Having worked with wood in one form or another all my working life I now jump at the chance to try some different materials and skills. I got such a chance at our chapters first meeting of the year when one of our members, Tom Murphy, gave us a brilliant display of his skill and knowledge working with acrylics. This, a very versatile material which Tom showed us, can be used in so many ways. making jewellery, pens, decorating boxes and as much as our imagination will allow. The acrylic comes in a two-part kit in liquid form, (Tom very helpfully gave us all a fact sheet, with the use and mixing of the materials, names and contact details of suppliers) which when mixed in the prescribed proportions hardens to a very tough solid clear form. To this mix is added colour in the form of dyes, using two colours or more together and moving them around in the mix gives a marbled effect, then when hardened, which takes thirty hours, can now be worked in different ways, for us of course this means on the lathe. Tom had prepared some pen blanks which he had cast in moulds and made up of a mixture of acrylic and wood, small pieces of waste which he had cut up and mixed in with the acrylic to great effect. I’m sure we have all made pens so I am not going into details about the turning other than to say Tom used a carbide tipped tool as the acrylic tends to blunt HSS chisels. Here I must also mention, the importance of safety equipment, namely a face mask and eye protection as acrylic, if not fully cured can be toxic, Tom himself used a full face shield and here’s a good tip, Tom had fixed a bicycle lamp to the shield which focused on the workpiece, very useful. Back to the pens, when finished, the mixture of wood and acrylic combined well in texture and colour.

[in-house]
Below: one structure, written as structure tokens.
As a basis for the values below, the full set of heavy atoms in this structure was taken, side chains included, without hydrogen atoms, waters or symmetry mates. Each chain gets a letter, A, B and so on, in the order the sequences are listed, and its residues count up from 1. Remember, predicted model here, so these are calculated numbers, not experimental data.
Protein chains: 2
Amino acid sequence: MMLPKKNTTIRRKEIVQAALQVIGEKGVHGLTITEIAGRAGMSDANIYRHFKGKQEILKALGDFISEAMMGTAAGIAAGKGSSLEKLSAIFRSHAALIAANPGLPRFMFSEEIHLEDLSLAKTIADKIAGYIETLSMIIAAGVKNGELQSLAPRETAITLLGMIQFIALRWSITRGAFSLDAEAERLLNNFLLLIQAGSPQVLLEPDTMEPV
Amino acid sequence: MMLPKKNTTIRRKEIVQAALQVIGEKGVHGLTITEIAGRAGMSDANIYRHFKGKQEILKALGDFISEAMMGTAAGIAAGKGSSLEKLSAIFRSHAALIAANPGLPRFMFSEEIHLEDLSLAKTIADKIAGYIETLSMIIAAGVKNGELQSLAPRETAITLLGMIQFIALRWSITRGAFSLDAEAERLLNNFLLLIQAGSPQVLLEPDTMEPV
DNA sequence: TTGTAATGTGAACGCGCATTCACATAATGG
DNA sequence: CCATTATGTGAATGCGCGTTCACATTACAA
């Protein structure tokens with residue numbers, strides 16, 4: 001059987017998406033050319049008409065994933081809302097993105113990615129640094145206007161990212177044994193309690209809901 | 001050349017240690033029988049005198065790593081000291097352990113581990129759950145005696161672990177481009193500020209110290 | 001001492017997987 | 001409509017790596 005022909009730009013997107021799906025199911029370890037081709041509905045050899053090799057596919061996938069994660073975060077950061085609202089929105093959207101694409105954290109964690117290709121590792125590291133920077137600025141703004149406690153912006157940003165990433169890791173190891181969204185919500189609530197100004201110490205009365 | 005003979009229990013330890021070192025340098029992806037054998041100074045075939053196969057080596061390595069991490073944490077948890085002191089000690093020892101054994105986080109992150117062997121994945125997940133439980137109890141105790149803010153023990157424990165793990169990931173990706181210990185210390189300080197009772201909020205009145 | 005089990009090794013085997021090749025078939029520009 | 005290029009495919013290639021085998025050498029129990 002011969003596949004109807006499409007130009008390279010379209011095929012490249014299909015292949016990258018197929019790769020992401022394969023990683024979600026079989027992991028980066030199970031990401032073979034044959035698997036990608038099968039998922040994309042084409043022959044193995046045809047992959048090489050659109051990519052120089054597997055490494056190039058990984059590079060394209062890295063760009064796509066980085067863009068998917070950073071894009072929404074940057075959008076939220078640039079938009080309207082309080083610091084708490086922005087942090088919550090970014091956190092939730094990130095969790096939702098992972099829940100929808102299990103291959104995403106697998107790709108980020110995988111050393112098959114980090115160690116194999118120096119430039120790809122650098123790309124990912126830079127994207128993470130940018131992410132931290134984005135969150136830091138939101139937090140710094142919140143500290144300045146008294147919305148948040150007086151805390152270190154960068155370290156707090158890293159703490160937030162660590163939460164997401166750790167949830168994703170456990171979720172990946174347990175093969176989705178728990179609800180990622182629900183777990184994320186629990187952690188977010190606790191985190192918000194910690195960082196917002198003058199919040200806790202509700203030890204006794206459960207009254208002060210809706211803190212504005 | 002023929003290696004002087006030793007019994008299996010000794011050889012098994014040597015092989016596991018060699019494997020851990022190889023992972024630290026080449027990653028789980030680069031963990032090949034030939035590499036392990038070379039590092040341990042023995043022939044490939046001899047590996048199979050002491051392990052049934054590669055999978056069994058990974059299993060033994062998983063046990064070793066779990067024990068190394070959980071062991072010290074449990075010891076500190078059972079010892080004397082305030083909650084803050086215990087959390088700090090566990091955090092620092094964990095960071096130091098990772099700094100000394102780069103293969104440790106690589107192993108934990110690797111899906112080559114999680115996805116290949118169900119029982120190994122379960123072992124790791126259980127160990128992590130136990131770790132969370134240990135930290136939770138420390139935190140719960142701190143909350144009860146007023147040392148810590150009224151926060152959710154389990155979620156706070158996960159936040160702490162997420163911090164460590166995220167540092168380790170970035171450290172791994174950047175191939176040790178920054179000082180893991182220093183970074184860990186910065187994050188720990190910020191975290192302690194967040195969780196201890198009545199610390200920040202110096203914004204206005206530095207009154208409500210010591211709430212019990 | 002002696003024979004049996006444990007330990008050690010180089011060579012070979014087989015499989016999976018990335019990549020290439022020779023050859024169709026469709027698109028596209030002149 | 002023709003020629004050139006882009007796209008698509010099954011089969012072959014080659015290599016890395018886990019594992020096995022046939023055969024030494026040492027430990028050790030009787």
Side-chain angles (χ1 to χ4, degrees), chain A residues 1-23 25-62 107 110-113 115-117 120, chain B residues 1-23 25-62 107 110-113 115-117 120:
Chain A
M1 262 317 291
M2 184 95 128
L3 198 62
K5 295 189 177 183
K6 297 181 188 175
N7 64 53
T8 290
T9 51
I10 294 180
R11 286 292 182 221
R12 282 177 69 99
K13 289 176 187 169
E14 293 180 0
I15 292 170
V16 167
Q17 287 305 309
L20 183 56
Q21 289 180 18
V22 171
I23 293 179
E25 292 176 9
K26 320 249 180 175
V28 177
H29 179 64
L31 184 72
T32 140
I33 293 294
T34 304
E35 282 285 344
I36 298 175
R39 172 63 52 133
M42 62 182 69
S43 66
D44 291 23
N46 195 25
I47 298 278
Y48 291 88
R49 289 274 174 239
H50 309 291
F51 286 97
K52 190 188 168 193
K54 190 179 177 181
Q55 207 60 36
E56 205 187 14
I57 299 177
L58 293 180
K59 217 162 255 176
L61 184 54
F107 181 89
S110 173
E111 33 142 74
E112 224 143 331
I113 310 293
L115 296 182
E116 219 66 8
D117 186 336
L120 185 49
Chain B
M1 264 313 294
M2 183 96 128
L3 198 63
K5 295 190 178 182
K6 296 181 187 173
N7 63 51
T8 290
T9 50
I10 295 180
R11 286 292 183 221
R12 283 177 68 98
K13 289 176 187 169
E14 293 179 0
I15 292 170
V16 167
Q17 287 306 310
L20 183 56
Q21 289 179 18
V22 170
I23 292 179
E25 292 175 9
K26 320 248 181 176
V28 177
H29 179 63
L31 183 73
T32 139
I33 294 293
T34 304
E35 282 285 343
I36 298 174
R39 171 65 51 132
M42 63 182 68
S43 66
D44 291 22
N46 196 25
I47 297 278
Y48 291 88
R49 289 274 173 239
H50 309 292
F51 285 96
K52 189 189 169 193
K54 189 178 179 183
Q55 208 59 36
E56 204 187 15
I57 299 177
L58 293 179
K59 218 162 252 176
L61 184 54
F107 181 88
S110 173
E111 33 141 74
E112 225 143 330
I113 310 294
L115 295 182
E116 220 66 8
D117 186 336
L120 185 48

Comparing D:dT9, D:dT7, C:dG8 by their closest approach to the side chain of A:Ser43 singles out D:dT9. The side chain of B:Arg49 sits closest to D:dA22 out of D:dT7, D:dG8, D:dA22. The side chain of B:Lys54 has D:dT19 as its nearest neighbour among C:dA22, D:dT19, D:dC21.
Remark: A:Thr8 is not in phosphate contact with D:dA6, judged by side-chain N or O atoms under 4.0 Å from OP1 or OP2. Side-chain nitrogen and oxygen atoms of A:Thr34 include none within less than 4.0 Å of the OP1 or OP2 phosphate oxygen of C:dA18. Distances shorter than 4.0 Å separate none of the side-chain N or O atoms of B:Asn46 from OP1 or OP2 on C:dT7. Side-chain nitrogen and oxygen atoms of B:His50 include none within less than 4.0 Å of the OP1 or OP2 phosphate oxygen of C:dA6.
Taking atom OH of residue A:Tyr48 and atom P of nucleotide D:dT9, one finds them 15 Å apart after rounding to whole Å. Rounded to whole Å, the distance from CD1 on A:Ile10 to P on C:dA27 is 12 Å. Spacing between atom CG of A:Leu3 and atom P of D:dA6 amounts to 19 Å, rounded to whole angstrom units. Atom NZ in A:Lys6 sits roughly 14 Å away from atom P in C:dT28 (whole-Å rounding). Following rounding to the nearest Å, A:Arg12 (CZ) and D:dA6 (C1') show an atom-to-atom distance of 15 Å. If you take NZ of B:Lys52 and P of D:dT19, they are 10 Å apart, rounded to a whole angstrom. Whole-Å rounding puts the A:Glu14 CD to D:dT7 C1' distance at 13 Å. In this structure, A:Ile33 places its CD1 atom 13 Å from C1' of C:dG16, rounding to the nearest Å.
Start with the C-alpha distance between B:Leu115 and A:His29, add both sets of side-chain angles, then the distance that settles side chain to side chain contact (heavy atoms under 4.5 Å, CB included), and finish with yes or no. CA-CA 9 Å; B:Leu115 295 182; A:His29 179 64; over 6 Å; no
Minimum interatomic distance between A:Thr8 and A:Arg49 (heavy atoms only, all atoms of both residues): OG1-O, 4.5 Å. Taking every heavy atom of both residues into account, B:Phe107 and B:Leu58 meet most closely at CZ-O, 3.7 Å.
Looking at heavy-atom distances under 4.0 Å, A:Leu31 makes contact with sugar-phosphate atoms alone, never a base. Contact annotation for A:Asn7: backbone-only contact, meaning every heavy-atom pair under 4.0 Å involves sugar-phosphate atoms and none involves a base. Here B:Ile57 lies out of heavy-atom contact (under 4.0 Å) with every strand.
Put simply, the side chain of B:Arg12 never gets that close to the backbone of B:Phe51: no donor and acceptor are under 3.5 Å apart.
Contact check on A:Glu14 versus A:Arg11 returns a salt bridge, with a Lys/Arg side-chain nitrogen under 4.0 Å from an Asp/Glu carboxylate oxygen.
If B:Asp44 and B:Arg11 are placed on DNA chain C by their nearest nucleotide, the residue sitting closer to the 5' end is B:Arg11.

The next item Tom tackled was a piece jewellery, a bangle, and starting with a metal base which he had bought in, (refer to fact sheet) the outer face was infilled, again with a mixture of wood and acrylic. This was done by first casting in a mould, which Tom had made, the outer ring of acrylic and wood, this has to be to a very precise measurement as the inner metal lining which comes in two pieces has to fit inside it. The metal can be of copper, stainless steel or I think Tom mentioned titanium, the two then glued together with epoxy resin, which has a longer working time then super glue. This is then mounted on the lathe on a jam chuck and the outer face shaped and finished as if it were wood, coated with super glue or any suitable finish and polished to a high gloss.
The last item for the afternoon was a demonstration of airbrushing and the use of the equipment, stencils, inks, paints and so forth. I found it a very interesting demonstration, well prepared and all our questions very well answered, thank you Tom.
The competition results are up on the website and the final word will be to urge all members to engage and get those entries in.
Hope to see you all next month, until then work safe